Speed Trap Vigilante Wins False Arrest Case

Illustration for article titled Speed Trap Vigilante Wins False Arrest Case

A Texas man who warned drivers about small-town speed traps was arrested and handcuffed in his hometown while on patrol. Now, after nearly two years of legal wrangling, Lance Mitchell has prevailed over the authorities that wanted him stopped.

Mitchell, 47, set up his website Speed Trap Ahead in 2007, hoping to warn motorists about locations in Texas where small towns were most likely to trap motorists. The following year, Mitchell took the next step: Standing by the roadside near where police were set up, holding an orange sign warning "SPEED TRAP AHEAD." After getting a ticket for violating sign ordinances in April 2008, Mitchell changed his tactics, wearing a vivid orange t-shirt instead and videotaping his stakeouts.

Even in states like Texas where abusive speed traps compelled laws limiting how much revenue local governments could take from drivers, several studies show that when budgets get cut, speeding tickets increase, and that out-of-town drivers are more likely to get written up.

So it was not surprising to Mitchell when the police chief in his hometown of Lakeway flagged him down during one of his demonstrations in April 2009. After several minutes of discussion, officers arrested Mitchell for several code violations, taking the unusual step of handcuffing him and hauling him to jail for booking. Thanks to the help of an attorney upset by the arrest, Mitchell contested his charges.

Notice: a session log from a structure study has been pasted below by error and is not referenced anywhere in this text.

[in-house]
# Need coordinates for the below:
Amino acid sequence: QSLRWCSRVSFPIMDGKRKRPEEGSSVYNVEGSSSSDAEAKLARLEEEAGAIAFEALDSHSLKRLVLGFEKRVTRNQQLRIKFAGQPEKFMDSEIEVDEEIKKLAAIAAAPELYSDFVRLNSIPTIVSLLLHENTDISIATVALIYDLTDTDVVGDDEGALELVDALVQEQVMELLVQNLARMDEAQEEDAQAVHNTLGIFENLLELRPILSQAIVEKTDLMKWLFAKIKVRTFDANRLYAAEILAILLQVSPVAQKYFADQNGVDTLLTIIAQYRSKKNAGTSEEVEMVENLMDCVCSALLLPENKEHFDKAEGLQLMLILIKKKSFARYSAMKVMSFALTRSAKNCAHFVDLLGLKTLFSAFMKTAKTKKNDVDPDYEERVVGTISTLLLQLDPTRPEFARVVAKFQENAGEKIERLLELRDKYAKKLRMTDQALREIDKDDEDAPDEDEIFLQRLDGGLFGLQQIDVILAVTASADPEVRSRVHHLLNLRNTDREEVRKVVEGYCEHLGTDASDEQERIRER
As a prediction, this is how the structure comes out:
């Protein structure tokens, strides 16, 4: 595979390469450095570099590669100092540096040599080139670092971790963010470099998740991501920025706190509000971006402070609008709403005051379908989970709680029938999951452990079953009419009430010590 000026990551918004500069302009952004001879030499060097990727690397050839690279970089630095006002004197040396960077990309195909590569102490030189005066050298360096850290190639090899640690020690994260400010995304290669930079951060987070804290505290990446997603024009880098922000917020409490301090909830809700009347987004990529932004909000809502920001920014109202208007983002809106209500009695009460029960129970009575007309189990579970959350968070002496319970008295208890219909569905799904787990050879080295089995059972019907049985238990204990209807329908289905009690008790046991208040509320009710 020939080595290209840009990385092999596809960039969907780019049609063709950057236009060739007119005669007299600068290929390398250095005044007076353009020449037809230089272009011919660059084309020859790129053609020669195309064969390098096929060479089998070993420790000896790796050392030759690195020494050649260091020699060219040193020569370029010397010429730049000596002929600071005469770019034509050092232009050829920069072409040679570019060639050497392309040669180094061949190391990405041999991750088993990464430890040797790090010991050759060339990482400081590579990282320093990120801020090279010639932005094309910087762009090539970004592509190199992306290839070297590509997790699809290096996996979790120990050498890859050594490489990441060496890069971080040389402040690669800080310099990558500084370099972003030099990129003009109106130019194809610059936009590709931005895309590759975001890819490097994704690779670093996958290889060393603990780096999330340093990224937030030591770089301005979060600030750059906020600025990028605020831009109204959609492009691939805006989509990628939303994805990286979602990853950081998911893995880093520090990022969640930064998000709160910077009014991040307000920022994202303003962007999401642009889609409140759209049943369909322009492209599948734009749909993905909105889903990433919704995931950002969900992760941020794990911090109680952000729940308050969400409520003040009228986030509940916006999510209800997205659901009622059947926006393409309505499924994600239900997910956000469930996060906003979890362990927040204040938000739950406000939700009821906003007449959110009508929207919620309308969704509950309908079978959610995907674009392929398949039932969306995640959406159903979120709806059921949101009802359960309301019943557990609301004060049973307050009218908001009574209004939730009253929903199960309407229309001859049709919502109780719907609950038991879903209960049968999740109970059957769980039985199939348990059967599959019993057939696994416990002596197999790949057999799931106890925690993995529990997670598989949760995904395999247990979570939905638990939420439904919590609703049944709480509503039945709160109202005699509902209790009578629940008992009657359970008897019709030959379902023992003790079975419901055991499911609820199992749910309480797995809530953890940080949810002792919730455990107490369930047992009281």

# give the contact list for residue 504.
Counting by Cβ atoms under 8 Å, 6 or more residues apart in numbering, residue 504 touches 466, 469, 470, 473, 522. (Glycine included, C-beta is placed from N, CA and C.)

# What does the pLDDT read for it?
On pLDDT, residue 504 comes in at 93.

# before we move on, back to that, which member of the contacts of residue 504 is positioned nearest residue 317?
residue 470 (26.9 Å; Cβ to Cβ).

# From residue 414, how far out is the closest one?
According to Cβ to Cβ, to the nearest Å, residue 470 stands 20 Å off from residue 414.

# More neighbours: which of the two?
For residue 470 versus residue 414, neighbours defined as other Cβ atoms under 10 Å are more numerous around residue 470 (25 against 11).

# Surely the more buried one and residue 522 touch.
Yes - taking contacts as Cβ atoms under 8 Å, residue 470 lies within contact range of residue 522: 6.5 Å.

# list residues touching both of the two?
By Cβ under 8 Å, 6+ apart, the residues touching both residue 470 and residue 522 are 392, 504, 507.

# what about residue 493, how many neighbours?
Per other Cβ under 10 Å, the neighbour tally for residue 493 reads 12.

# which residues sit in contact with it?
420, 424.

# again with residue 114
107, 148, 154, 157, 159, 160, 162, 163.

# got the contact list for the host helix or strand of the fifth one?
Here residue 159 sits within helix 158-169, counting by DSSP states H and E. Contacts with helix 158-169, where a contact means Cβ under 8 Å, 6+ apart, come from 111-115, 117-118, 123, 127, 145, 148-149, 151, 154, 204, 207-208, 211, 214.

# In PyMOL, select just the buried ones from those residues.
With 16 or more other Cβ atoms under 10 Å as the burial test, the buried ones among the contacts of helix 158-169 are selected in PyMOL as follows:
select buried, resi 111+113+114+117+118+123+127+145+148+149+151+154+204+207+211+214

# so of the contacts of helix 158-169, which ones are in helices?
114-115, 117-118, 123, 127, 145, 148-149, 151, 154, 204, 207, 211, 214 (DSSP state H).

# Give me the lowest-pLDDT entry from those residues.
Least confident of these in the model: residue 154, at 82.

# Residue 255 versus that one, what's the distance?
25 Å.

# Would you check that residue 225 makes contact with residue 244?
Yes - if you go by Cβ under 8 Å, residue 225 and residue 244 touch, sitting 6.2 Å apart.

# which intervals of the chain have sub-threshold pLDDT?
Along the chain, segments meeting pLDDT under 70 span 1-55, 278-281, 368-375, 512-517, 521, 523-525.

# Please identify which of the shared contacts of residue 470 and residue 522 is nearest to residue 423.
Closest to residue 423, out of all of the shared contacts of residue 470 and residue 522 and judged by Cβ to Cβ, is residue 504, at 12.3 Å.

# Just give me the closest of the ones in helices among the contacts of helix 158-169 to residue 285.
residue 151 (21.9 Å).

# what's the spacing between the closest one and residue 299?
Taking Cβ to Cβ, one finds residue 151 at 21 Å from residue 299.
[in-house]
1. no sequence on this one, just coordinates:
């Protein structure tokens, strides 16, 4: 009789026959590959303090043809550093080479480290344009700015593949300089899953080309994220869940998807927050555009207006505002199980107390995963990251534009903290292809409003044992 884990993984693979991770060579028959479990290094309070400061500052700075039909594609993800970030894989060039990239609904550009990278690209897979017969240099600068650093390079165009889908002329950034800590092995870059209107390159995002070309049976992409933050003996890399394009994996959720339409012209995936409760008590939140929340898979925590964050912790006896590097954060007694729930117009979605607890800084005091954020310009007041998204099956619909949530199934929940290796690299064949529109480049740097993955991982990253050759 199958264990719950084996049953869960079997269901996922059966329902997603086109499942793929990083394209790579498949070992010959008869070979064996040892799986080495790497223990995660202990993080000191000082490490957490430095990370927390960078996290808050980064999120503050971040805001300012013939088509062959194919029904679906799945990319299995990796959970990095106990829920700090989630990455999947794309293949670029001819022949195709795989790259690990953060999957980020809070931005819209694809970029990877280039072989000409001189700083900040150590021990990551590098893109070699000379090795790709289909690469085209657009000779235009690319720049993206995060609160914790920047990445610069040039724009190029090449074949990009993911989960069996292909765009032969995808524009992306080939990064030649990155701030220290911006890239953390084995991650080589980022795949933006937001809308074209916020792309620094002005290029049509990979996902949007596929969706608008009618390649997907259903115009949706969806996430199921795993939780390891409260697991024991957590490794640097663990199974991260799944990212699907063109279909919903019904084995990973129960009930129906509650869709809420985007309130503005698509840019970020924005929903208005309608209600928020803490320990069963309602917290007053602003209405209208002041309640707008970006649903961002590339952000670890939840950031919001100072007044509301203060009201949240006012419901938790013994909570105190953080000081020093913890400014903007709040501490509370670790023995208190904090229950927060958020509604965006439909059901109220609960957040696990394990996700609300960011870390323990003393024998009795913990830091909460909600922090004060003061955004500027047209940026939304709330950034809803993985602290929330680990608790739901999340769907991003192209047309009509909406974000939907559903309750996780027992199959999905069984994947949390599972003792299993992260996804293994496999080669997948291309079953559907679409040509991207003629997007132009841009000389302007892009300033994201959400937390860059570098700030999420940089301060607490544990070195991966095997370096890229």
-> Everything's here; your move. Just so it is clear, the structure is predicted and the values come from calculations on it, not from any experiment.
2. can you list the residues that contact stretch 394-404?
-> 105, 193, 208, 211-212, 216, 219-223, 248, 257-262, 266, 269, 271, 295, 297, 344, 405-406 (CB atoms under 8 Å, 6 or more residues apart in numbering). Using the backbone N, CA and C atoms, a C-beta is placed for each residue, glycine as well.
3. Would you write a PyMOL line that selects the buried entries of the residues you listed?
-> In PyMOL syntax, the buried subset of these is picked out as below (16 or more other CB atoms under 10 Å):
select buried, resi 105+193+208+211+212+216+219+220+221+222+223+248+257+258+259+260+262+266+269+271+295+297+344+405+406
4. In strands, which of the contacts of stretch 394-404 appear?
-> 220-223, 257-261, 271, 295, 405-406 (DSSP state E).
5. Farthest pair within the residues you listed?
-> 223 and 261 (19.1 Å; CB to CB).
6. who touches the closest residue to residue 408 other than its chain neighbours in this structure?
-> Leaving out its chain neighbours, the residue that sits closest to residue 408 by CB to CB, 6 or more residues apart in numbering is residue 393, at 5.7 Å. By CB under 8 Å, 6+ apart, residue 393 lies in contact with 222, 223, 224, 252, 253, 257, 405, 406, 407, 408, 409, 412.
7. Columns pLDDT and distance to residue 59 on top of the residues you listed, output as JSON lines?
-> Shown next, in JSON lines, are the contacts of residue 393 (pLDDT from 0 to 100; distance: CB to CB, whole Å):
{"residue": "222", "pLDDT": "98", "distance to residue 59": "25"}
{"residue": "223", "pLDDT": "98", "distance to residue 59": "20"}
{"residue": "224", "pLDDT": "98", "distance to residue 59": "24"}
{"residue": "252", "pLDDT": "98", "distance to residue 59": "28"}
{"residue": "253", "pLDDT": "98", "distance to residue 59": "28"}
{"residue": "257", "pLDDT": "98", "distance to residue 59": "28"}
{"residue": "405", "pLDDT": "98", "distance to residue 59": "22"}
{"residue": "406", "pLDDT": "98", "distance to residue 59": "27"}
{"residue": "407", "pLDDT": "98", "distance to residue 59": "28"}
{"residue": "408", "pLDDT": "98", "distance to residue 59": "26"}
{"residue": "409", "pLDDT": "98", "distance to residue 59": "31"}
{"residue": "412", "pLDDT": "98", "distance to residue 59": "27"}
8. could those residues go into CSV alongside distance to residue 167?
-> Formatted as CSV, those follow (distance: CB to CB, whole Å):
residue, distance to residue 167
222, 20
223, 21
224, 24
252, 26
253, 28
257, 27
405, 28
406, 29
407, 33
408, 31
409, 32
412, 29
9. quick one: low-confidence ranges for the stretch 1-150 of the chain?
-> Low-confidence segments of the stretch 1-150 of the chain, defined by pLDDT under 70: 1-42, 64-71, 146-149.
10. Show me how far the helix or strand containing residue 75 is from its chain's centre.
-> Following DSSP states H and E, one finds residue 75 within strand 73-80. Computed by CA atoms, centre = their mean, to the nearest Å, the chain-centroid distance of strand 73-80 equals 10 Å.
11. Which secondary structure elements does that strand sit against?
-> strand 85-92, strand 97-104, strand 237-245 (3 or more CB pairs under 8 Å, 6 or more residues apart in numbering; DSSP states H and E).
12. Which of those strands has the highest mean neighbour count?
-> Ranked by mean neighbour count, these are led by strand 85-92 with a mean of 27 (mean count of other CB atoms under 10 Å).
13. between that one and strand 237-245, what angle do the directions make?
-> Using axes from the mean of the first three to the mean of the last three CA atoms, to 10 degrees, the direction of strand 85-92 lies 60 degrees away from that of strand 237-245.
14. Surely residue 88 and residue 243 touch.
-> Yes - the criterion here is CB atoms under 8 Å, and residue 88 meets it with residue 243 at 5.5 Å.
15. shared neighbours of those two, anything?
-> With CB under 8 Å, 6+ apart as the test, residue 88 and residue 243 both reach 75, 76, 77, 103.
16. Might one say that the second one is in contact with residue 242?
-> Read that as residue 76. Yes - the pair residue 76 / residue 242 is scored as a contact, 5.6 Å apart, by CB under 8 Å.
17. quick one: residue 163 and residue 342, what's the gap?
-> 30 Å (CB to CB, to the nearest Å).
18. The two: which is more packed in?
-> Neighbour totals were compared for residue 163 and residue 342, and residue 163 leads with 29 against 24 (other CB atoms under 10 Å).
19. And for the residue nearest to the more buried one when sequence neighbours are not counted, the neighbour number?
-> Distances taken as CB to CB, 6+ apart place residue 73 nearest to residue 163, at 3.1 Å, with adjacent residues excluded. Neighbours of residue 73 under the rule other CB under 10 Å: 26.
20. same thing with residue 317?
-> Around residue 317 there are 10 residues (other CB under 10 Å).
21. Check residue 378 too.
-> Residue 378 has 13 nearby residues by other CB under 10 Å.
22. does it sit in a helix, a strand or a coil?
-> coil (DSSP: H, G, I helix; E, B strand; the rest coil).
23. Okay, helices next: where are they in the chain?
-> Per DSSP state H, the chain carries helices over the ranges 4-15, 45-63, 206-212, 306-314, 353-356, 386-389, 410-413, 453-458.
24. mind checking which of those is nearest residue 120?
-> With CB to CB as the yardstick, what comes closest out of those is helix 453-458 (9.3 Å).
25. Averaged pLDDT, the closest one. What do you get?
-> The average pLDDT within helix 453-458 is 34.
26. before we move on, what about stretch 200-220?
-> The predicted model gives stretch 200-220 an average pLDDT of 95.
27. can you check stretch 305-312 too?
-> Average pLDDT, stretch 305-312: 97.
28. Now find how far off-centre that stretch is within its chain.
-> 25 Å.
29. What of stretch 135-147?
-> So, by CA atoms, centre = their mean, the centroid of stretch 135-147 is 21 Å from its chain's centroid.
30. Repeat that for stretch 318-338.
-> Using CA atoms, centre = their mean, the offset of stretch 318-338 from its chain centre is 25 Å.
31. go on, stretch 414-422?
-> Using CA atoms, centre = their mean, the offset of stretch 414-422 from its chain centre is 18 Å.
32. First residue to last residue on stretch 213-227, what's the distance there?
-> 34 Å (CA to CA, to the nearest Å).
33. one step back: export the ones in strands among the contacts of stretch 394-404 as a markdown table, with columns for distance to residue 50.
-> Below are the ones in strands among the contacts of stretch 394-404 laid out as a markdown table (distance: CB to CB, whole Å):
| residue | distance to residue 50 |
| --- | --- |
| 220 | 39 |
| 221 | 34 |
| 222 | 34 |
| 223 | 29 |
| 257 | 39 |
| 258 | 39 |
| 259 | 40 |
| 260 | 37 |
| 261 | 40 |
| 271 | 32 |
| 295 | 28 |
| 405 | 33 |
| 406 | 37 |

Eight months later, a trial revealed that the department's Senior Sergeant, James Debrow, had told deputies to arrest Mitchell on sight if they ever saw him flagging a speed trap — an act that's legal under Texas law. The seargeant had also ordered a code enforcement officer to find any reason to cite Mitchell, saying it was "getting personal." After the prosecutor declined to drop the tickets, the judge found Mitchell not guilty and threw the tickets out.

The following month, Mitchell sued Lakeway for false arrest; last month, the case was settled with a payout that Mitchell says gave him a "nice Christmas," especially considering he's currently unemployed. We'd say this kind of determination in the face of injustice was a job well done. (H/T to BoomhauerTX!)

[Austin American-Statesman]

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Quote: Mitchell says gave him a "nice Christmas," especially considering he's currently unemployed".

How about going to look for a job. I respect the point he's making but how much unemployment (that you Texans are paying for) is he burning through when he could be looking for a job!